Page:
This is a series of work drawn from field trips and other research into volcanoes

Collection   •   Volcano


Here is a series of work; paintings, drawings and photographs which represent volcanos as evidence and metaphor.

This work was produced at various times and in various media.

The first trip to Naples and to Pozzuoli and the Solfatara was in 1982, those to Sicily and Mt. Etna were in 1989 and 1995.

Subsequent visits there and to other places with volcanic landscapes such as those of Capo de Gata-Nijar in Spain, Lanzarote, the gneisses fields of the Scottish Highlands etc, have continued to underpin visual research around the themes of ‘displacement’ and ‘tectonic’ slippage.

The motif of the volcano became a useful visual metaphor in exploring ideas around the idea of ‘displacement’. A key aspect is the how material gets redistributed through slippage and explosion.  The underneath ‘the hidden’ is literally thrown into the visible; the underground turmoil erupting into view. This ‘bringing to the surface’ is an obvious aspect of painting but it also links to other aspects of ideas to do with revealing the hidden or underlying.  The notion of the chthonic, the underworld/underground refers to those forces that shape the world. These can be related to the physical, psychological and the displaced  as those forces that shape  not only the terrain we inhabit but also that of the individual the social and political. The tectonic plates of continental subduction and collision produce the shifting ground and intense energies that alter the ‘landscape’ and redefine boundaries. The idea of tectonic fault-lines as a metaphor of individual existence allowed me to explore the processes of painting allied to ideas around the persona and the psychological.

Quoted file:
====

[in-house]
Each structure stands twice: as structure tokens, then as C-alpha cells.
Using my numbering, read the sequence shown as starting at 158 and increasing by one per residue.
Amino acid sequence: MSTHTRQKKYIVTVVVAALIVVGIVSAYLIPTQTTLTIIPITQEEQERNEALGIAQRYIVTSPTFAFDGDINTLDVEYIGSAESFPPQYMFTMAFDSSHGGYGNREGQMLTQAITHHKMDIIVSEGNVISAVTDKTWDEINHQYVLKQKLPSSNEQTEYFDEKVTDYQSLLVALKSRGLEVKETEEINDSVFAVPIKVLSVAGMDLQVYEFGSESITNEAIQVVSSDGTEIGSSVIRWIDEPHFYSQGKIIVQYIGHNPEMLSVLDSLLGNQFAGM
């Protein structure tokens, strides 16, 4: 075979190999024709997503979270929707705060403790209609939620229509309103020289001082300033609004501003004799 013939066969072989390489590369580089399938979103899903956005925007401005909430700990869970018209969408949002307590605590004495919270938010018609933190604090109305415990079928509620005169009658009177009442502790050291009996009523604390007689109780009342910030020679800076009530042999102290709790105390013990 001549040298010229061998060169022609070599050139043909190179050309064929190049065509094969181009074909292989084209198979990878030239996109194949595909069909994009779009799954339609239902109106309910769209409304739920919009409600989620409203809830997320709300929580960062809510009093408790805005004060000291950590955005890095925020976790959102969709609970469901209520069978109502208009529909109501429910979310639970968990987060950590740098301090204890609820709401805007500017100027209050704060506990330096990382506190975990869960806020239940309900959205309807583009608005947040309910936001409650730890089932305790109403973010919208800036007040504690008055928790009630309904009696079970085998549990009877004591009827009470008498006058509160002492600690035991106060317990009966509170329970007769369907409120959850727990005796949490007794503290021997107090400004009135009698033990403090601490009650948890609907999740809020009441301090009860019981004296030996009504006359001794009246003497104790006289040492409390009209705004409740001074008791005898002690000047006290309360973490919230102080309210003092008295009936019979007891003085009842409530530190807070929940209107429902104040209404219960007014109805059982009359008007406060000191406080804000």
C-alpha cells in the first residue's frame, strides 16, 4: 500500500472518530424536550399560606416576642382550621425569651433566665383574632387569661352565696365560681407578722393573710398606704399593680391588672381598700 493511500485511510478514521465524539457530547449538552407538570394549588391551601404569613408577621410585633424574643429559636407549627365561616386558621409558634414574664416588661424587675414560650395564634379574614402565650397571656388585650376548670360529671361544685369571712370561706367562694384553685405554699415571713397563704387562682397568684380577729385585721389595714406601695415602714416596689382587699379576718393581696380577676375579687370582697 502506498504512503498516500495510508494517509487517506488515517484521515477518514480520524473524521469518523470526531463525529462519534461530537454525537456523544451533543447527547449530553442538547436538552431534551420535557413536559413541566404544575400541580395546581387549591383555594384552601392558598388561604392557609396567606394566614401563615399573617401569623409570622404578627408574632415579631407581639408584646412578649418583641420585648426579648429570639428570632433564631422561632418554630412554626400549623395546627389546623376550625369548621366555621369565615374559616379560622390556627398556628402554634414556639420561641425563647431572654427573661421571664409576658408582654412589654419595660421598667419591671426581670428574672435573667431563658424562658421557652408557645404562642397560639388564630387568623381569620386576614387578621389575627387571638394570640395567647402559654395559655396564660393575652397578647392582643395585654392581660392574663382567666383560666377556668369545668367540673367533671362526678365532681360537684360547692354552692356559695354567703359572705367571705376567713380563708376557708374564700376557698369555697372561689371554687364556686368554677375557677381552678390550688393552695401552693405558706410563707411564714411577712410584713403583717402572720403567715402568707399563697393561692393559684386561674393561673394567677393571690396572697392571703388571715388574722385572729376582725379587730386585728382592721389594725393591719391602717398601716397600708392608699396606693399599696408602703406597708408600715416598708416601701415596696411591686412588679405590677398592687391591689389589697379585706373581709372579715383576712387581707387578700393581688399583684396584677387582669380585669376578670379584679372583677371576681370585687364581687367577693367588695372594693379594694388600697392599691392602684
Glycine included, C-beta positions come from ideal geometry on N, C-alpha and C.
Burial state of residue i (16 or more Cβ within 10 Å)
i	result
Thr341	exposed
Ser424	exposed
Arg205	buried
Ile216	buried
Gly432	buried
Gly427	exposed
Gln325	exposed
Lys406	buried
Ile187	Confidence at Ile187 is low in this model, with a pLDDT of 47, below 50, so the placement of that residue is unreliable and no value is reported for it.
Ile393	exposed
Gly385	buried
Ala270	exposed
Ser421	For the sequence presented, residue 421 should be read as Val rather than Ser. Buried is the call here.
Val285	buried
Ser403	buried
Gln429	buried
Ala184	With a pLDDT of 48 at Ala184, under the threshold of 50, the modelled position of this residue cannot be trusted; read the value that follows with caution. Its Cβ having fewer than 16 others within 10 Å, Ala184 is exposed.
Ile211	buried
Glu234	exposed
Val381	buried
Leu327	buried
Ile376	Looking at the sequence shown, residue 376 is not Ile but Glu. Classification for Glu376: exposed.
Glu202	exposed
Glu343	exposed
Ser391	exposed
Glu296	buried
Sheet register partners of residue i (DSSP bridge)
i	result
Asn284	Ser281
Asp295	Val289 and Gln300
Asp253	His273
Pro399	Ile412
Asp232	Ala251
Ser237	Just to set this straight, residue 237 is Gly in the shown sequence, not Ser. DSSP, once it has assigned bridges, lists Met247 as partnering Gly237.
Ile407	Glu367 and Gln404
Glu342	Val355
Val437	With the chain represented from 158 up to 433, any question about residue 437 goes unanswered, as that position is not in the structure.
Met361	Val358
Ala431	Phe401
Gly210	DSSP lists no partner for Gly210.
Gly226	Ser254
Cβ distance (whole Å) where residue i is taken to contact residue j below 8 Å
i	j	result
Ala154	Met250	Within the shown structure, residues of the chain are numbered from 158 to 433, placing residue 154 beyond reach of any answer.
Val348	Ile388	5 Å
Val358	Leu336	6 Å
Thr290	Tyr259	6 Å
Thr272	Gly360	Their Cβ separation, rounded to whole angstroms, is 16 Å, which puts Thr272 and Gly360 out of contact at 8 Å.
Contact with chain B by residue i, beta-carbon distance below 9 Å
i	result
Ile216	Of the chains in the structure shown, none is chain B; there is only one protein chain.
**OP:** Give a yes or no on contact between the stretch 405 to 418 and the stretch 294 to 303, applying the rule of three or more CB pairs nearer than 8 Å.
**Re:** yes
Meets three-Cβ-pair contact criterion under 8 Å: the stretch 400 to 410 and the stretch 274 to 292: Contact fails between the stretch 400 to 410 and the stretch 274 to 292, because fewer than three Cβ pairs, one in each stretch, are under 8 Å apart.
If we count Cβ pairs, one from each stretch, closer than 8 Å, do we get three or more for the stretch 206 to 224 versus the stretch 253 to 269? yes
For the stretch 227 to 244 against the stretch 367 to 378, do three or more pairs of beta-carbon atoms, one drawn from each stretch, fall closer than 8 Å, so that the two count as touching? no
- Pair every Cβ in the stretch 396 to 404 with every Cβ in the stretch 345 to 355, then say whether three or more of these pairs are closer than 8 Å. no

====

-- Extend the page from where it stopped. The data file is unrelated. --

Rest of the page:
The research in Sicily was the point of departure. Sicily is situated at a pivotal point in the Mediterranean where the collision of continents becomes physically manifest through the volcanic geophysical nature of the area. Politically Sicily has been a much fought over and contested territory. It was the case in the ancient world,  in 14th to 16th centuries, the 20th century and certainly true now. From Classical antiquity to the present the island has continued to represent a point of both geological and political eruption; a point of compression of difference between people and cultures. In a visual sense Mt.Etna signifies this collision through its rumbling and destabilising presence.  The movement of Africa towards Europe through geological currents and fault-lines also can be seen as signifying the way that populations have begun to shift and move as a result of political pressure. As part of the ‘postmodern’ the challenge of ‘3rd’ and ‘1st’ world contexts have been redraw, redefine with re-configured ‘histories’, status and boundaries. All have seen a seismic shift of positions. The conflagrations brought about by these changes have rumbled across the continents. These shifting positions can also be figured to give  the subterranean forces that affect the human condition a visual form suggesting the ‘unconscious’ brought to the surface.  The volcanic and the tectonic can be seen as metaphors for the ways in which ones interior ‘landscape’ can shift and change in the reshaping of the individual.

Gallery: The gallery below shows images of the fumaroles on the lower slopes of Mt. Etna

Thank you for taking the time to view my work, I hope that you enjoyed it.